The struggling economy has fewer people willing to gamble on a lottery ticket.

The struggling economy has fewer people willing to gamble on a lottery ticket.


The Kansas Lottery said sales for all types of games and tickets for the week ending March 21 were down 4.3 percent from the same week a year ago. Powerball tickets were down even more, 12 percent below the same period a year ago.


Last year, Kansas Lottery sales were down 5 percent, mirroring declines for state lotteries across the country. California and Indiana saw lottery revenue dip 10 percent, Iowa declined 6 percent and Florida fell 8 percent. Missouri's sales were flat.


"When times are tough, people cut back on nonessential items such as entertainment, and, of course, the lottery is entertainment," said Sally Lunsford, director of communications for the Kansas Lottery.


She also said ticket buyers may be discouraged by fewer big jackpots, saying the most sales come when the grand prize is $100 million or more. Saturday's Powerball drawing was worth $94 million.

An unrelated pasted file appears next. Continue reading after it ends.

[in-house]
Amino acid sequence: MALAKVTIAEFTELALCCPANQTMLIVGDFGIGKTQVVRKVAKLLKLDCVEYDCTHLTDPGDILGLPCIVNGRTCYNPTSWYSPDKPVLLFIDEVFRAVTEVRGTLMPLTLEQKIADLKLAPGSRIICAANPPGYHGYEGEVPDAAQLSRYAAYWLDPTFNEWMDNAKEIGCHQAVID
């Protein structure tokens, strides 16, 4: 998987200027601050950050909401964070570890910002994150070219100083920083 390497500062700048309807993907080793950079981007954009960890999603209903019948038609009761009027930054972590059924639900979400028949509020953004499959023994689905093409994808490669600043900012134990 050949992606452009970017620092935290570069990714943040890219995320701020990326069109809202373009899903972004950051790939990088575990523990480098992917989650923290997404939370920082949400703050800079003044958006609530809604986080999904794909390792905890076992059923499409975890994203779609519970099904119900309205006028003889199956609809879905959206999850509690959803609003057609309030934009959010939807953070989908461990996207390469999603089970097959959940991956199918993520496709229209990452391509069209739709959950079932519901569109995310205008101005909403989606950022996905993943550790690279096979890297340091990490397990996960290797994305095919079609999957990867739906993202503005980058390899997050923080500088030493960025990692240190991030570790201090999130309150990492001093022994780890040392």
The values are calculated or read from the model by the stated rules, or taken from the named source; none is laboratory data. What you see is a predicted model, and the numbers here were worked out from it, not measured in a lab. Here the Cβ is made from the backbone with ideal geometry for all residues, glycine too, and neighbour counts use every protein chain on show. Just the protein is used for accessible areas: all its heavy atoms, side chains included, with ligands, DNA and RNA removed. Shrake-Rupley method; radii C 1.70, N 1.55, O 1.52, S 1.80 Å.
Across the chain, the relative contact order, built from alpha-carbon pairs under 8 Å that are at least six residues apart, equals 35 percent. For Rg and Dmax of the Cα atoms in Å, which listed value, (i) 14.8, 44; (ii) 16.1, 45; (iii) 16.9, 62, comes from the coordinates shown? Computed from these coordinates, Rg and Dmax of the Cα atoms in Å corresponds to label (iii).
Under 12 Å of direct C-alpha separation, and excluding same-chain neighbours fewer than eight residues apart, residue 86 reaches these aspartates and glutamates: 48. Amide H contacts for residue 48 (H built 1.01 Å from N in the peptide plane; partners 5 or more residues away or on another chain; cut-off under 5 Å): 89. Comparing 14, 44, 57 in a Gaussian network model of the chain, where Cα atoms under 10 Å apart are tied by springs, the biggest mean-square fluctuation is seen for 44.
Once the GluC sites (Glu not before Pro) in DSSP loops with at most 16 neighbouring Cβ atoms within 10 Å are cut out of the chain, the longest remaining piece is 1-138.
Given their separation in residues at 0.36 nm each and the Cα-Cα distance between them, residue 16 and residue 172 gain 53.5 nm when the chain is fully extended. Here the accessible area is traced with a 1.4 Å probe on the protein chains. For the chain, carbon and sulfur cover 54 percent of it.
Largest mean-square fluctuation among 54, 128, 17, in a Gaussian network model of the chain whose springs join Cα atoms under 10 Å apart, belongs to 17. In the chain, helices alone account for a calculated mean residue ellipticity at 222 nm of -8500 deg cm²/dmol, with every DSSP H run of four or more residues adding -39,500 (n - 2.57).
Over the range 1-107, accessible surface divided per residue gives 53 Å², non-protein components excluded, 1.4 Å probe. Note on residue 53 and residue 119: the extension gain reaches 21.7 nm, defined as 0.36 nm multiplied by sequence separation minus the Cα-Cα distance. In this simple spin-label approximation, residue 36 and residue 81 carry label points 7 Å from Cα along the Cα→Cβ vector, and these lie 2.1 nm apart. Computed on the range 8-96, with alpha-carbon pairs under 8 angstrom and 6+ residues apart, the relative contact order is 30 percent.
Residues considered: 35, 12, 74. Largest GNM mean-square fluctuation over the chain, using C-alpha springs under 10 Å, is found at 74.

"Some people play only when the jackpot gets huge," Lunsford said.


Clarence Rayton of Lawrence doesn't follow that philosophy, buying a couple of Kansas Lottery Instant scratch-off ticket every day.


"If I win anything I just reinvest it into more tickets," the 49-year-old said.


He said he won $10,000 in September, using the money to pay some bills and help a relative pay for a funeral.


Rayton said the nation's economic recession hasn't caused him to stop playing the lottery.


He buys his tickets at a Food Mart that sold $378,668 in lottery tickets last year, the highest lottery sales total in Lawrence.


Manager C.W. Lee said a considerable number of lottery sales take place in the mornings, when people are headed to work. But the most lottery sales are made on the weekends. He has a stack of lottery confirmation cards showing that nearly 100 people have won $500 from tickets purchased at his store.